Genotype and phenotype


A person’s genotype is their unique sequence of DNA. More specifically, this term is used to refer to the two alleles a person has inherited for a particular gene. Phenotype is the detectable expression of this genotype – a patient’s clinical presentation. A person’s phenotype results from the interaction between their genotype and their environment.

The connection between genotype and phenotype is not always clear-cut. This means that you may encounter disparities between your patient’s genomic test result and their clinical presentation. Similarly, the phenotype of patients with a given genetic condition may vary greatly even within families. Reasons for this disparity include:



Reduced penetrance

Penetrance refers to the proportion of people carrying a particular variant who express the associated condition.

Some conditions are associated with 100% penetrance, or complete penetrance. This means that every person who has the causative genetic variant will develop symptoms of the condition within their lifetime.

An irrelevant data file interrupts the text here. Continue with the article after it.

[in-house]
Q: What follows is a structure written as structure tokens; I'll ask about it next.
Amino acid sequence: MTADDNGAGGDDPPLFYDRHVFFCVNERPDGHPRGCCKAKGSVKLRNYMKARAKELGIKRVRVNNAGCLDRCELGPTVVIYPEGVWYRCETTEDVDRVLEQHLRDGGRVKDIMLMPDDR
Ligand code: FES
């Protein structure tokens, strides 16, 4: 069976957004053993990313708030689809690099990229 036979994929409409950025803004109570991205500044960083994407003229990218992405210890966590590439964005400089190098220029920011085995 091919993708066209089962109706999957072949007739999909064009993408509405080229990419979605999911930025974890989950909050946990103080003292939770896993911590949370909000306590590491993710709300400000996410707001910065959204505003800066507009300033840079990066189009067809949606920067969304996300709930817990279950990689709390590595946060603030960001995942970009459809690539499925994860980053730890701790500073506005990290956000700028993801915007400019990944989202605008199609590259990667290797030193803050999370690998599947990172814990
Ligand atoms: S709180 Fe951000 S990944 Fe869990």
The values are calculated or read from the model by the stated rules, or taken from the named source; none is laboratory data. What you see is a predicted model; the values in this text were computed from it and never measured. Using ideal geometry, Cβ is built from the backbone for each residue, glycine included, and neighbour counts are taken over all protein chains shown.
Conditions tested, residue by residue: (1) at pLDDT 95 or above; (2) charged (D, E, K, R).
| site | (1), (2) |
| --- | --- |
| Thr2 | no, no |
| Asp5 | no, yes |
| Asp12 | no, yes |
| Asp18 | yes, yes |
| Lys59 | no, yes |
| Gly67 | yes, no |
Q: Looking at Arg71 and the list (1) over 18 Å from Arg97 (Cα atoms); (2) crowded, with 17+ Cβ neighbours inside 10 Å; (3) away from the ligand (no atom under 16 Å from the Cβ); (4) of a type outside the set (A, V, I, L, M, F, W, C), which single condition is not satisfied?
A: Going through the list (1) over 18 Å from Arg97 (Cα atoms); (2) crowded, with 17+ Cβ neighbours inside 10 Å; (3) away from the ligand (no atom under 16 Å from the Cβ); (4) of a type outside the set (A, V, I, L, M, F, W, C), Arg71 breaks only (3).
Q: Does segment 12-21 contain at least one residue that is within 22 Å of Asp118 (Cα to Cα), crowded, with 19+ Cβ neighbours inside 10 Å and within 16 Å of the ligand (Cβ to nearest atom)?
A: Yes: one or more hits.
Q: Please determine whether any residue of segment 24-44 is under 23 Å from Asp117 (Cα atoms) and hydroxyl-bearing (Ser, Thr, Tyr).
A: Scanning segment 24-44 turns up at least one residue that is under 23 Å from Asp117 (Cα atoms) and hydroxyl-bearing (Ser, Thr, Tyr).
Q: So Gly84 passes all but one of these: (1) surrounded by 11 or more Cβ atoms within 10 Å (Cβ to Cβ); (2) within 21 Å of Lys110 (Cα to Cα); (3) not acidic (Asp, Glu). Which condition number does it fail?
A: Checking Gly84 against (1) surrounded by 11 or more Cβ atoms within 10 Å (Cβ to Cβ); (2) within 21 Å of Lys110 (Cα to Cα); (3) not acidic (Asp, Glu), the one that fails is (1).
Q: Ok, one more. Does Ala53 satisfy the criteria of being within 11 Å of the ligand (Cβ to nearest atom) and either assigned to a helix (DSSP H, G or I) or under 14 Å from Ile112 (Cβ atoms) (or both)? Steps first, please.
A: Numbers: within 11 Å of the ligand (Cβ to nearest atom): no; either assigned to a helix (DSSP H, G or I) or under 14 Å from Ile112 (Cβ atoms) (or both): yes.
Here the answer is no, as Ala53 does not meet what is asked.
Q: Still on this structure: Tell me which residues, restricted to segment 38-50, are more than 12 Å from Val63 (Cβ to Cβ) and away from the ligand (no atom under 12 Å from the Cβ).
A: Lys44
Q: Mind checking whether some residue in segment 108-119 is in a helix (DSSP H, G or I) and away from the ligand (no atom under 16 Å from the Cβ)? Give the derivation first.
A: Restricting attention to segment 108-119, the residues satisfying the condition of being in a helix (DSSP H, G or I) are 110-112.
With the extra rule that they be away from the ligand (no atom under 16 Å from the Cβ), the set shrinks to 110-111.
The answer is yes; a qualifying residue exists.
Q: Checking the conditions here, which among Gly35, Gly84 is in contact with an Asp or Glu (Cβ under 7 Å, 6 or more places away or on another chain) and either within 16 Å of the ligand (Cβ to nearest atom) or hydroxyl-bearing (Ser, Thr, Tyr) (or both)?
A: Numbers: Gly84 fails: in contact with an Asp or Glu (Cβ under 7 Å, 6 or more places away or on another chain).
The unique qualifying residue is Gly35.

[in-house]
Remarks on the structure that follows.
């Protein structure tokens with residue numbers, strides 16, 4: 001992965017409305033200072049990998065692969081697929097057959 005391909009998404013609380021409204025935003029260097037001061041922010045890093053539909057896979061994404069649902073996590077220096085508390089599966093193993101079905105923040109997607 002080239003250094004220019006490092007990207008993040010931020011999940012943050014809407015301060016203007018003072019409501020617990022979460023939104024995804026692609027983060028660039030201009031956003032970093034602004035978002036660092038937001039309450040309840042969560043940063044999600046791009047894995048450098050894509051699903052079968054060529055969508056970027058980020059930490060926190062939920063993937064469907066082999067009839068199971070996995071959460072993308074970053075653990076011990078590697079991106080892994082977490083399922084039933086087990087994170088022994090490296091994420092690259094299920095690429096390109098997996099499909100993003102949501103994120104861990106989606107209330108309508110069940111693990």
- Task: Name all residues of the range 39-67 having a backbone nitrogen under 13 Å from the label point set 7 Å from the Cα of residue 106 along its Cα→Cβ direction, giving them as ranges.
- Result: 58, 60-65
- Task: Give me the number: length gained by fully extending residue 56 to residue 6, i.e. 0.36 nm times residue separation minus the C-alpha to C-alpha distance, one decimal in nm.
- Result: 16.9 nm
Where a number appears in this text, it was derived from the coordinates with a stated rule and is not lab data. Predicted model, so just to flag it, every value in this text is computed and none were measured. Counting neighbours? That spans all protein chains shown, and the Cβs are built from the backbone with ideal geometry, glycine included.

Examples: neurofibromatosis type 1, Huntington disease.

When this proportion is less than 100%, the conditions is said to have reduced penetrance. The reason for reduced penetrance is likely a combination of genetic, environmental and lifestyle factors, many of which are not yet well understood. For example, many familial cancer syndromes have reduced penetrance, which can make it difficult to accurately predict the risk of family members developing these conditions.


Variable expressivity

This refers to the range of phenotypes occurring in patients with the same genetic condition. A patient with a particular variant may have mild symptoms, while another patient with the same variant has severe disease. As with reduced penetrance, the reasons for variable expressivity are not well understood. If a genetic condition has highly variable symptoms, it may be more challenging to diagnose. Variable expressivity is common in both dominant and recessive conditions.

Examples: Lynch syndrome previously known as hereditary non-polyposis colorectal cancer (HNPCC), Charcot-Marie-Tooth disease


Illustration created by James Hutson